Betty LOVED going to my Grams on Friday nights because come Sunday, it was back to potato soup.  So she thought should have as much as she could stand so that she’d have enough to tide me over.

Back then, Binging Betty was setting herself up for a binge-restrict cycle. But she didn’t know it until high school.

In 9th grade, Betty moved to a new high school, out of her very small coal mining town into a “minor” city. And the next year, she decided she was too fat. She wasn’t. She was a cheerleader, she was active, and at a very healthy weight. But that year, she ate only an apple and a piece of bread for a whole school year. Until summer came and she was standing in the kitchen on the phone with her best friend Shelly.

“I have something to tell you,” She squealed.

“What it is it?” Betty pondered.

“I lost my virginity!” She blurted!

Betty’s eyes darted down to her black and white cheerleading shoes. Mind racing. Emotions building. And slowly she raised her gaze to be greeted by a plate of chocolate chip cookies on the counter.

“MmmmHumph.” She replied as she shoved cookie after cookie into her mouth.”

Long after she hung up the phone, she found herself licking the proverbial cookie plate.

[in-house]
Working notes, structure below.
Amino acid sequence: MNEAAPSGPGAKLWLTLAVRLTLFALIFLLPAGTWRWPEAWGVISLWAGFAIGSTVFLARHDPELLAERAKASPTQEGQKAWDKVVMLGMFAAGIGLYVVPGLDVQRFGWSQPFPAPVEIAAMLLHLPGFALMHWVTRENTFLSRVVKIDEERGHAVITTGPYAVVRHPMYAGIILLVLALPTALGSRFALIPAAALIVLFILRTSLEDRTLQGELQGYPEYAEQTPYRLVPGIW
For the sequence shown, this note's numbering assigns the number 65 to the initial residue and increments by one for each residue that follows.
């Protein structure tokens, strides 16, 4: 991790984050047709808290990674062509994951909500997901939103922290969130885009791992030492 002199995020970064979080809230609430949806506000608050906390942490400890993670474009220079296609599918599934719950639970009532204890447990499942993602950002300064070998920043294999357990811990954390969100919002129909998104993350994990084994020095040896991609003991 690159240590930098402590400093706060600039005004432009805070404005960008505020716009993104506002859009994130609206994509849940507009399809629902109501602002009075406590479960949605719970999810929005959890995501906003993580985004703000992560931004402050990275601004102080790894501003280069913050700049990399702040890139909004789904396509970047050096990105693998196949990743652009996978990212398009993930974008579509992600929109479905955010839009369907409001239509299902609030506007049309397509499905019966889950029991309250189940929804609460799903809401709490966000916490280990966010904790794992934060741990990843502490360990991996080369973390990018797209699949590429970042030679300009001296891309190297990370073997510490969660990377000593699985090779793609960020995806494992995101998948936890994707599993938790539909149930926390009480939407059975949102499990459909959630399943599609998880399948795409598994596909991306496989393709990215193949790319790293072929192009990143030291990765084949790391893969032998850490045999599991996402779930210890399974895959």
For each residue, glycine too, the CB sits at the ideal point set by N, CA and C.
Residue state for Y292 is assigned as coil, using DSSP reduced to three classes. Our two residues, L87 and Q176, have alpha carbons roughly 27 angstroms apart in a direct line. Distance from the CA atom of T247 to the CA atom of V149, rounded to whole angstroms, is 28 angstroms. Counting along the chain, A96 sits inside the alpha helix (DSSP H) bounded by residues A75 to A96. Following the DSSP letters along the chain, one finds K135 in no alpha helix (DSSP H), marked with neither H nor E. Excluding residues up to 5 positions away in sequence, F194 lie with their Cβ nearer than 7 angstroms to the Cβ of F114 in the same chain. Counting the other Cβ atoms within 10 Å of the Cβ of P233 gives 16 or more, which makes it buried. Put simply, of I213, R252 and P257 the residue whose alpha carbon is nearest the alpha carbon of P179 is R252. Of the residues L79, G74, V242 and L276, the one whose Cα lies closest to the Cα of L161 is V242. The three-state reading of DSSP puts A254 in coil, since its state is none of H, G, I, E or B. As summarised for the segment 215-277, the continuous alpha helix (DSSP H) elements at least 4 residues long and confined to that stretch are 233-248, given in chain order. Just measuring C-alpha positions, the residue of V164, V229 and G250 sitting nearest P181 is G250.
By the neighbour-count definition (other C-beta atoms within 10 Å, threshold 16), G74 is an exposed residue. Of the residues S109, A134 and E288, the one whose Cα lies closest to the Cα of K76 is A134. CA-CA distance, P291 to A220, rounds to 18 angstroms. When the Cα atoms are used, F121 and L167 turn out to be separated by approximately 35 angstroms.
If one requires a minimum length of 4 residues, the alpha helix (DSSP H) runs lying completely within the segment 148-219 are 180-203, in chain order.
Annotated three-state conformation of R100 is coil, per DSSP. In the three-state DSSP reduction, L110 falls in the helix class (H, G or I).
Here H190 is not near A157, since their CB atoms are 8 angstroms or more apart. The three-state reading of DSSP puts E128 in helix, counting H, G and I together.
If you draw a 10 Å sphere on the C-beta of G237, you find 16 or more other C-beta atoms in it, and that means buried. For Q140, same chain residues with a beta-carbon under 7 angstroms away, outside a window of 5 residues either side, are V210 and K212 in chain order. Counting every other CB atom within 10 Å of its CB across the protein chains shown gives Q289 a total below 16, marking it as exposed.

Once school was starting, she realized she had gained 25 pounds. So, she went back to rules and restriction. But with more shame. More judgment. Greater resolve.

That’s Betty’s cycle. Restrict, Binge, restrict. Good girl. Bad girl. Good girl.

She lies to me by saying things like:

“You shouldn’t have eaten that BAD food. Now you’re going to get fat! You’re doomed to wake up with thighs two inches bigger and you’ll be up three pounds. You’re disgusting. You’re terrible. Want some French fires?”

She also says, “If you’re gonna blow it, blow it good because you’re never going to blow it again.”

And, “You’re so wonderful. You didn’t eat anything bad for three days! Let’s weigh you. You’re weight’s the same! This isn’t working it. You suck. Want some chips now?”

Binging Betty isn’t all bad. She’s scared. She has a lack mentality. She believes her worth is in her body. She doesn’t understand the concept of enough. Her song sings, “I’m not enough, you’re not enough, it’s not enough, there’s not enough”. Her intentions are pure. It’s her misguided attempt at self-love and self-preservation.

So, when I was sitting at the kitchen table with my girl, and I heard that old familiar tune, I paused. I came back to the present moment, (something I teach in my LYF course for overcoming dysfunctional relationships with people, places, or things) I took a deep breath and I smiled lovingly to myself.

Here, now, I know I have everything I need. I am enough. There is enough. I know today that Binging Betty is just repeating old patterns. And I, Healed Heidi do not have to engage with her. But I don’t get mad at her either.

I get curious about her, I have compassion for her. I know she did what she did for a good reason. It was her lame attempt to love herself. To nurture herself with food.

And although she was delusional, she’s not mean spirited. She didn’t know any better. She’s not malicious. She’s mistaken.

So, today when binging Betty asks Ellie, “Are you sure you’re done? You may be hungry later.”